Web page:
Location to a Fault.
Pacific Star is the only winery California perched on bluffs above the ocean. Twelve miles north of Fort Bragg the magnificent location of winemaker Sally’s Ottoson’s business and home on the Mendocino Coast is worth the trip. Besides its proximity to lapping waves, passing whales, amazing sunsets and variety of “signature blend” wines poured daily, there’sanother item of interest at Pacific Star.
A recently discovered earthquake fault line subterraneously transverses surf and cliff underneath the stone and redwood winery. Appropriately named in 2006, the Pacific Star fault connects eventually to the more famous San Andreas fault. It’s a strike slip moving laterally and horizontally at the same time says Ottoson. She named a multiple vintage Syrah, Charbono and Carignane “It’s My Fault.” She quips that this is the perfect wine to “keep under the bed when you want to say I’m sorry.”
Pacific Star’s founder and winemaker doggedly pursues her craft in the Scandinavian spirit she was born with. She’s tall with striking good looks, long wavy locks and a fluorescent smile. She loves to fish as much as she loves to make wine.
“People say I’m a workaholic and I take it as a compliment,” she says. She blames the accusation on the stubborn streak from her Finnish heritage. “I believe that working hard every day helps you build and it adds to my sense of community.”
Born and raised in Fort Bragg, Ottoson spent twenty years in the Napa Valley wine country before coming back to the coast. In addition to her winery just south of the tiny village of Westport, a place she came as a kid to fish with her family, she opened a tasting room in downtown Fort Bragg.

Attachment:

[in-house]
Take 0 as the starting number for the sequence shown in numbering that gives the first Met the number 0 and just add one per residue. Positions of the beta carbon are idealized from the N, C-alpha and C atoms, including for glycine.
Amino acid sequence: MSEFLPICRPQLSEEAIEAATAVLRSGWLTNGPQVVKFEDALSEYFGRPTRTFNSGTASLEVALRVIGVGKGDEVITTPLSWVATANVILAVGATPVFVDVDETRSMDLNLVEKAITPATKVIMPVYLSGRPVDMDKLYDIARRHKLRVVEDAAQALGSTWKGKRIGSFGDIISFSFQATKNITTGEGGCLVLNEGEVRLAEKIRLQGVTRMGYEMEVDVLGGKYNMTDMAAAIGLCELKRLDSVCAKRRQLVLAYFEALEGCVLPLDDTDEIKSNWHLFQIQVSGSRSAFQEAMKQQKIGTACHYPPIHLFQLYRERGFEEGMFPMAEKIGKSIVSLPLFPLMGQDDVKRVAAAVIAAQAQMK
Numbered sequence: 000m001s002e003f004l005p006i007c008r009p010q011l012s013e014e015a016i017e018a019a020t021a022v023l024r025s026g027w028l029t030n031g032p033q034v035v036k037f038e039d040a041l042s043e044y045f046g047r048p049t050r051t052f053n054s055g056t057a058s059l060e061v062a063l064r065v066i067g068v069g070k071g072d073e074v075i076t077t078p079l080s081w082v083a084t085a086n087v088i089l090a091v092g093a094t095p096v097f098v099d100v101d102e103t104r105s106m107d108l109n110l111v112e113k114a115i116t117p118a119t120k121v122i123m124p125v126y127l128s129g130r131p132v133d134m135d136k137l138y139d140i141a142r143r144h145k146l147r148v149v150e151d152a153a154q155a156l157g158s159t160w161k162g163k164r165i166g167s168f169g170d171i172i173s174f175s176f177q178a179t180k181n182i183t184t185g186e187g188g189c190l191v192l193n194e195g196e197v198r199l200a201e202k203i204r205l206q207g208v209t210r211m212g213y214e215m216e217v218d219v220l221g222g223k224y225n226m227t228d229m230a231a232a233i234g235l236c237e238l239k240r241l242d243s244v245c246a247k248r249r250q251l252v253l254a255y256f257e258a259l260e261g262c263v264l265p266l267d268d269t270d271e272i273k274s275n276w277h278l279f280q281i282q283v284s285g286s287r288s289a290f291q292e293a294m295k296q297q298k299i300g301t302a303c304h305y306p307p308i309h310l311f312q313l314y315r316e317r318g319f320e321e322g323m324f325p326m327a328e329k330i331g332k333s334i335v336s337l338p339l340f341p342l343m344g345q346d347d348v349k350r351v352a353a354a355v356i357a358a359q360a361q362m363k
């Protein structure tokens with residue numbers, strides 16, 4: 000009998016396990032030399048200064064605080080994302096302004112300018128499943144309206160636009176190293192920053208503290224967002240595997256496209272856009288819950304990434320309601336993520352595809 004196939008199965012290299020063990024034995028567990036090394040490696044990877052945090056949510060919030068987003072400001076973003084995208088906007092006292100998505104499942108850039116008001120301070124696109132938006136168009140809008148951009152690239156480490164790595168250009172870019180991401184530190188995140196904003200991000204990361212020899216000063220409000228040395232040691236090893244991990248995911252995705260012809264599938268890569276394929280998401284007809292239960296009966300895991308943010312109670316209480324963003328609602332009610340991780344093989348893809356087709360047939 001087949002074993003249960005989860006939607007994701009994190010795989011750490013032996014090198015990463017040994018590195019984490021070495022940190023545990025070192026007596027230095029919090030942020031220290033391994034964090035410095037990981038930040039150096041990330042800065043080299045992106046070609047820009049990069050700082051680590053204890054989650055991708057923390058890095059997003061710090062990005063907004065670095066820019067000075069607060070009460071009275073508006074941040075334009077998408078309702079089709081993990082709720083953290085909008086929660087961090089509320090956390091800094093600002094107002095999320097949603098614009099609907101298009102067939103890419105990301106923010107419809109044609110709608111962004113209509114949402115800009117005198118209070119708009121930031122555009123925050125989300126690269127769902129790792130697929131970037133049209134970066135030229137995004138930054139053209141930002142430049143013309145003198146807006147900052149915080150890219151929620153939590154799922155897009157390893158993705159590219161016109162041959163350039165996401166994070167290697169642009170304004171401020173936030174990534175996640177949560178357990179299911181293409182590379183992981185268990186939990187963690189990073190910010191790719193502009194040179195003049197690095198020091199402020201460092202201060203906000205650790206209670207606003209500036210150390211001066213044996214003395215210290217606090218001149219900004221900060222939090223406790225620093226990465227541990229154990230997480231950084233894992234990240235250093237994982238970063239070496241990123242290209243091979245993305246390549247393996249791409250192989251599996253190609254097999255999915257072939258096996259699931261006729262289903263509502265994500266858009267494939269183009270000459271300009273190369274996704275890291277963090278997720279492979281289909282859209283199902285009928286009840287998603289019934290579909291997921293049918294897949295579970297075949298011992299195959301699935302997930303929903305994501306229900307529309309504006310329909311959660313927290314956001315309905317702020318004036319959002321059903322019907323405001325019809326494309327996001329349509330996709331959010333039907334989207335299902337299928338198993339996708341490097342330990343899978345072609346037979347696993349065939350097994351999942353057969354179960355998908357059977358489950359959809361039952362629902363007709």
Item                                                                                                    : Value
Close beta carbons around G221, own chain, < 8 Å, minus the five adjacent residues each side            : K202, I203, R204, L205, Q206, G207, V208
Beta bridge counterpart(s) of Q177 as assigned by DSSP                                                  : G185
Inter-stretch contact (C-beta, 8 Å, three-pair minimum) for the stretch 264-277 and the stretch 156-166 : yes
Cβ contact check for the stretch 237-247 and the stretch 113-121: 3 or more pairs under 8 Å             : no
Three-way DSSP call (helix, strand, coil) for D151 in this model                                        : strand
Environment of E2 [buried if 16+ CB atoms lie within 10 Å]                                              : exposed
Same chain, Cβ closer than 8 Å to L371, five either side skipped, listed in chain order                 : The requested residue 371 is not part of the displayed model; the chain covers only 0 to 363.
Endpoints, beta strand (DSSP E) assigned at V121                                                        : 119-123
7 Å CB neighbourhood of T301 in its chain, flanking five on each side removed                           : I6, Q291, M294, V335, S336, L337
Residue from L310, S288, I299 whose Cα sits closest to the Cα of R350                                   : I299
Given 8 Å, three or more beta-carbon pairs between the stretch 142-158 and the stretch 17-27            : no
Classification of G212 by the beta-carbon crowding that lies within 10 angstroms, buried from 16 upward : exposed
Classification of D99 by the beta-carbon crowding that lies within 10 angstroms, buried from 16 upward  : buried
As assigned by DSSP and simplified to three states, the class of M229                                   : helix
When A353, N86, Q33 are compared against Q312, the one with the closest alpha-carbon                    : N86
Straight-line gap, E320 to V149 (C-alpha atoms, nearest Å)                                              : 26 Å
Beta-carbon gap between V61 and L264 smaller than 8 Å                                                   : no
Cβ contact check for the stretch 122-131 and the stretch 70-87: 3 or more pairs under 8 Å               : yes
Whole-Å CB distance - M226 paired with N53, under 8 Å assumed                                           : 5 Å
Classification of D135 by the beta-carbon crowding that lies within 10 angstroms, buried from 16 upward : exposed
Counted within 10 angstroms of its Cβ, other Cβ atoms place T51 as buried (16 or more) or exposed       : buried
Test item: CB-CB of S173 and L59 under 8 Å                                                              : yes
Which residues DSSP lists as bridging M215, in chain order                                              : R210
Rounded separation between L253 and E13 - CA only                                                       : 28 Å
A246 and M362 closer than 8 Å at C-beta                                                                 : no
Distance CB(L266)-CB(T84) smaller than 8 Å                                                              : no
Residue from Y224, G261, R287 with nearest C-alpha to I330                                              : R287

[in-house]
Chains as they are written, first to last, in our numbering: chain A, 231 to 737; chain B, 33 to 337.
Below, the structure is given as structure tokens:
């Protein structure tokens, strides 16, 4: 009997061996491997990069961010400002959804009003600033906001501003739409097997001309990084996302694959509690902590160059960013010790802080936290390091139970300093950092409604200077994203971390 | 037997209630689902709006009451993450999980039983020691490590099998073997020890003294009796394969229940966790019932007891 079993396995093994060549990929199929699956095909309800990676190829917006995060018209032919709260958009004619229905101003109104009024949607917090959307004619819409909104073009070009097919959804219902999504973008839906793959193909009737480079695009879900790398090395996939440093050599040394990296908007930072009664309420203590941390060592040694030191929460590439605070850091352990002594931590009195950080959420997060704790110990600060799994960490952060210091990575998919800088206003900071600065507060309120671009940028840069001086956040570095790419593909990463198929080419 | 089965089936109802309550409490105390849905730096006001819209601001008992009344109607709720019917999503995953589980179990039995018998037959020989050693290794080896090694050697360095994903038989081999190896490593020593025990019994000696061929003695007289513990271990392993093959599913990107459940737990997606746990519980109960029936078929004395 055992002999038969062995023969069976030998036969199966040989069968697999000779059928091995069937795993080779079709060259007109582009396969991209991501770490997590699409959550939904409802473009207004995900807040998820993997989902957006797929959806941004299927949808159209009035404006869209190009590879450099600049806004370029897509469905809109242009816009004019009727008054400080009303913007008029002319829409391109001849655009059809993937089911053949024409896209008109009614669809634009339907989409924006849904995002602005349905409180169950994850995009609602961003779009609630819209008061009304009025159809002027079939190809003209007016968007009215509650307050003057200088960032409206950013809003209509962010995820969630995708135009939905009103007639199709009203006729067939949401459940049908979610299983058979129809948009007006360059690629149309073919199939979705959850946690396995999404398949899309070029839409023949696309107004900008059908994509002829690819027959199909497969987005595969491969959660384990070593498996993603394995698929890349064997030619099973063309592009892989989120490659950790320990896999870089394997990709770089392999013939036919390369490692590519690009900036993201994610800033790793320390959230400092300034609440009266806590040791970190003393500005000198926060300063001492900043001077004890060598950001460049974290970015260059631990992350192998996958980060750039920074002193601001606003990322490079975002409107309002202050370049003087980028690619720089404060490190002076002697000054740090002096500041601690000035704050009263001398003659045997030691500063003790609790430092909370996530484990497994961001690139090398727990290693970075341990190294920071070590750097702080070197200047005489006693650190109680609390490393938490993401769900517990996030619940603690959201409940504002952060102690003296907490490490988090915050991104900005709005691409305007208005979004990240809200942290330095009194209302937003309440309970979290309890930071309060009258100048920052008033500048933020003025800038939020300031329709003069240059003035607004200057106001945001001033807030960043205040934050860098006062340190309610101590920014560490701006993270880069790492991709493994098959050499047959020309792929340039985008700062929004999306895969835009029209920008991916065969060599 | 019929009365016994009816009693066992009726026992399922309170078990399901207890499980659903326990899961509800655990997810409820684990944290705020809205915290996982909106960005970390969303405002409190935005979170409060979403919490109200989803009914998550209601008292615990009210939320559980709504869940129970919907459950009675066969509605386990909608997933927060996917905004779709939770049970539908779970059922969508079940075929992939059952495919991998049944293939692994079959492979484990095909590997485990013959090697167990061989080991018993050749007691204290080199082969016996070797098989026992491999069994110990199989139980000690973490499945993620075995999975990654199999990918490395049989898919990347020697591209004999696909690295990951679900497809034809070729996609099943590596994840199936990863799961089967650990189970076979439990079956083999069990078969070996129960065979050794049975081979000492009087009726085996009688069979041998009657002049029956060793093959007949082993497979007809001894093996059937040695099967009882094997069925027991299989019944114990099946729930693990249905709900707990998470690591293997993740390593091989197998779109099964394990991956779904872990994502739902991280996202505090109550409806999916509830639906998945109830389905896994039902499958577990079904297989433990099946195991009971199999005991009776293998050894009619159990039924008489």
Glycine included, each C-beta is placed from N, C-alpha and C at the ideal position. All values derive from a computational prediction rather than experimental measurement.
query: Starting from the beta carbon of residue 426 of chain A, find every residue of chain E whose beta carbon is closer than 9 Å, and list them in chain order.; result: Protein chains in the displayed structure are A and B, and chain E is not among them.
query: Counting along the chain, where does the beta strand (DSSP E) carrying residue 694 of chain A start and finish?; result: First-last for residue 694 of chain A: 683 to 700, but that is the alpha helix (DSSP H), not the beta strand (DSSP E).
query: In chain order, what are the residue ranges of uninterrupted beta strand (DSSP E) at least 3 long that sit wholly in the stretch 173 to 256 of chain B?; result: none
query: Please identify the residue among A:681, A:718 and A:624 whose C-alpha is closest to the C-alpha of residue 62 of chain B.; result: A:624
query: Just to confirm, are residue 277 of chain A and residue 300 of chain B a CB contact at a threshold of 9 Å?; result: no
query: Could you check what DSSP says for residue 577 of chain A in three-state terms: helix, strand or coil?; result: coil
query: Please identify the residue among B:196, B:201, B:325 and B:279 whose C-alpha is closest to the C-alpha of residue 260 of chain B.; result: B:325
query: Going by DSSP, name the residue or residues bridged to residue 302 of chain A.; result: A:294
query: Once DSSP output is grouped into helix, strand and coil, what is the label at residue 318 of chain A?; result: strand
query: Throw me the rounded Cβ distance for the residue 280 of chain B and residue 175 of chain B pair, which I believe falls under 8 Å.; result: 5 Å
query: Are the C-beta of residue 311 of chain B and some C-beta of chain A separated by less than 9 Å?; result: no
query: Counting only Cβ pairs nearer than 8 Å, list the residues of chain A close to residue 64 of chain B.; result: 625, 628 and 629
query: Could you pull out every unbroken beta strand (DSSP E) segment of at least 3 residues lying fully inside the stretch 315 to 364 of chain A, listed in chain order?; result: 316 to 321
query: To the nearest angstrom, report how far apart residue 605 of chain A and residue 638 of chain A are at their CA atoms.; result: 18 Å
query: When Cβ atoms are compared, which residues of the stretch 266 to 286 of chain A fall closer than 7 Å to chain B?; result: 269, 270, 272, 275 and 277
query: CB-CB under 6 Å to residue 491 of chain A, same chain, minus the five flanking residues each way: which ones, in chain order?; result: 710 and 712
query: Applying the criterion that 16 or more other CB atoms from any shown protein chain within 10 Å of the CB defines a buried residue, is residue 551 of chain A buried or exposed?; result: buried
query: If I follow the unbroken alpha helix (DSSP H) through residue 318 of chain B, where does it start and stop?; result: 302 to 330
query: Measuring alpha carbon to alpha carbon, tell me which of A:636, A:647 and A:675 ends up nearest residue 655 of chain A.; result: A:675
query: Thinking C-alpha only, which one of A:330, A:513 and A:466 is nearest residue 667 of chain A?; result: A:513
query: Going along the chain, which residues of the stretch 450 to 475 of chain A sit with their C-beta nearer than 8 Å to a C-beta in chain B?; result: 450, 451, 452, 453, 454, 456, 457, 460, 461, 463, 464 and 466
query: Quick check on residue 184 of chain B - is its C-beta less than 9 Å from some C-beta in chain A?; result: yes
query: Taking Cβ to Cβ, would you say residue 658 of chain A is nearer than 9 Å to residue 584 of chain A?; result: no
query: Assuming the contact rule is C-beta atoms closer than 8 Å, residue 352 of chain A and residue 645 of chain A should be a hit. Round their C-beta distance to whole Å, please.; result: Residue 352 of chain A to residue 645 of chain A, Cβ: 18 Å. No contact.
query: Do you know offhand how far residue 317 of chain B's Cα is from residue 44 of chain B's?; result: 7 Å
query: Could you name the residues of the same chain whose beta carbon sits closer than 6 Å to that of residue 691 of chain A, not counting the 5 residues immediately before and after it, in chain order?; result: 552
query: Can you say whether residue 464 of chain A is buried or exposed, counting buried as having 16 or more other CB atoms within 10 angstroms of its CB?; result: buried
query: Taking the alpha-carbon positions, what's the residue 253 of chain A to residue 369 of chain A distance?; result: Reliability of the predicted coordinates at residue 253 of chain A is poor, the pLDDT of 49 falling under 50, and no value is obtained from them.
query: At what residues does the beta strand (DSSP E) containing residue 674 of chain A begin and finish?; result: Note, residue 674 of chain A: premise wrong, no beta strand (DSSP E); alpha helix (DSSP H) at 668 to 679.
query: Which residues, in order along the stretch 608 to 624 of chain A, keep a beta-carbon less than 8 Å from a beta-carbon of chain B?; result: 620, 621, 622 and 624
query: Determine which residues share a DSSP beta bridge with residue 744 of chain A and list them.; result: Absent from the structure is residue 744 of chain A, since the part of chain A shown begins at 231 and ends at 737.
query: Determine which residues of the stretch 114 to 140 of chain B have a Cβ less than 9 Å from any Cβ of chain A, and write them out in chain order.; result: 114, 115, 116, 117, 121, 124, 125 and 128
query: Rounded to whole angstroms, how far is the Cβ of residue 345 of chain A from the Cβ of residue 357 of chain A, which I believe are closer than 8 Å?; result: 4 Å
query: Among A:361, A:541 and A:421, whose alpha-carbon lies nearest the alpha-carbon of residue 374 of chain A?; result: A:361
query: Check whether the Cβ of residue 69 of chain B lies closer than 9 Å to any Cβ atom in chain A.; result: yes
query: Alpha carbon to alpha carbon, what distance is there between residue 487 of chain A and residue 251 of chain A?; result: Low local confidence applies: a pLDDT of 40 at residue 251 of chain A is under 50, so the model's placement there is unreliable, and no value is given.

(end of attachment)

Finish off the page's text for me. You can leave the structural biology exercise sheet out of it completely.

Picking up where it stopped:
I join Ottoson one Friday afternoon on a bench in front of Pacific Star’s small jampacked tasting room on Fort Bragg’s Main Street. The weekend traffic rumbles by and people stop to say hello.
Ottoson begins by reminiscing about being ten years old and riding her first horse from Pudding Creek Road down to Main Street and then to the Pudding Creek beach every day. “I loved talking to the few tourists who came up here mainly to fish in those days,” she says. It was her training for going into a business that would involve talking to a lot of different people.
She and her two sisters were raised among other Finnish families on Pudding Creek. Her mother, Marjorie Ottoson still sleeps in the bedroom where she was born. “It was unusual for Scandinavians but we always had wine at the table,” she says. In 1861, her dad’s father came to Comptche with the Oppenlanders and homesteaded in what is now known as Surprise Valley. “Dad took me hunting and fishing and we all made jams and pickles and canned albacore,” she says. “Everything was fresh.”
When Ottoson was 18 she left the coast and went to Sonoma State. She lived in Rio Nido on the Russian River and started a book and art store. “I’ve always had an entrepreneurial passion,” she says. She also bought dilapidated summer cottages and fixed them up for rentals to her fellow students to make ends meet. She realized she liked real estate and being her own boss. After a few years she sold the bookstore and purchased 40 acres on the ridge along the Sonoma-Napa county line.
Ottoson got a job in Napa Valley at the Wine Garden, now the location of Freemark Abbey tasting room. It was the first wine bar in California and Ottoson soon became its manager. She developed her winetasting skills from the huge well-stocked wine cellar full of old French Burgundy and Chardonnay. “It was an incredible opportunity to taste wine that I could never buy such as a 1959 Echezeaux (now worth $1500 a bottle and then sold for $15),” she recalls.
At the same time Ottoson began making wine at home. “I started selling my wine and when it sold I made some more.” Over the years she married and started her first brand Star Hill which she had for 15 years. Her son Jonah Goldenberg is now almost 20. He is getting ready to go to music school in New Zealand. “He is an incredible guitarist,” she says with pride.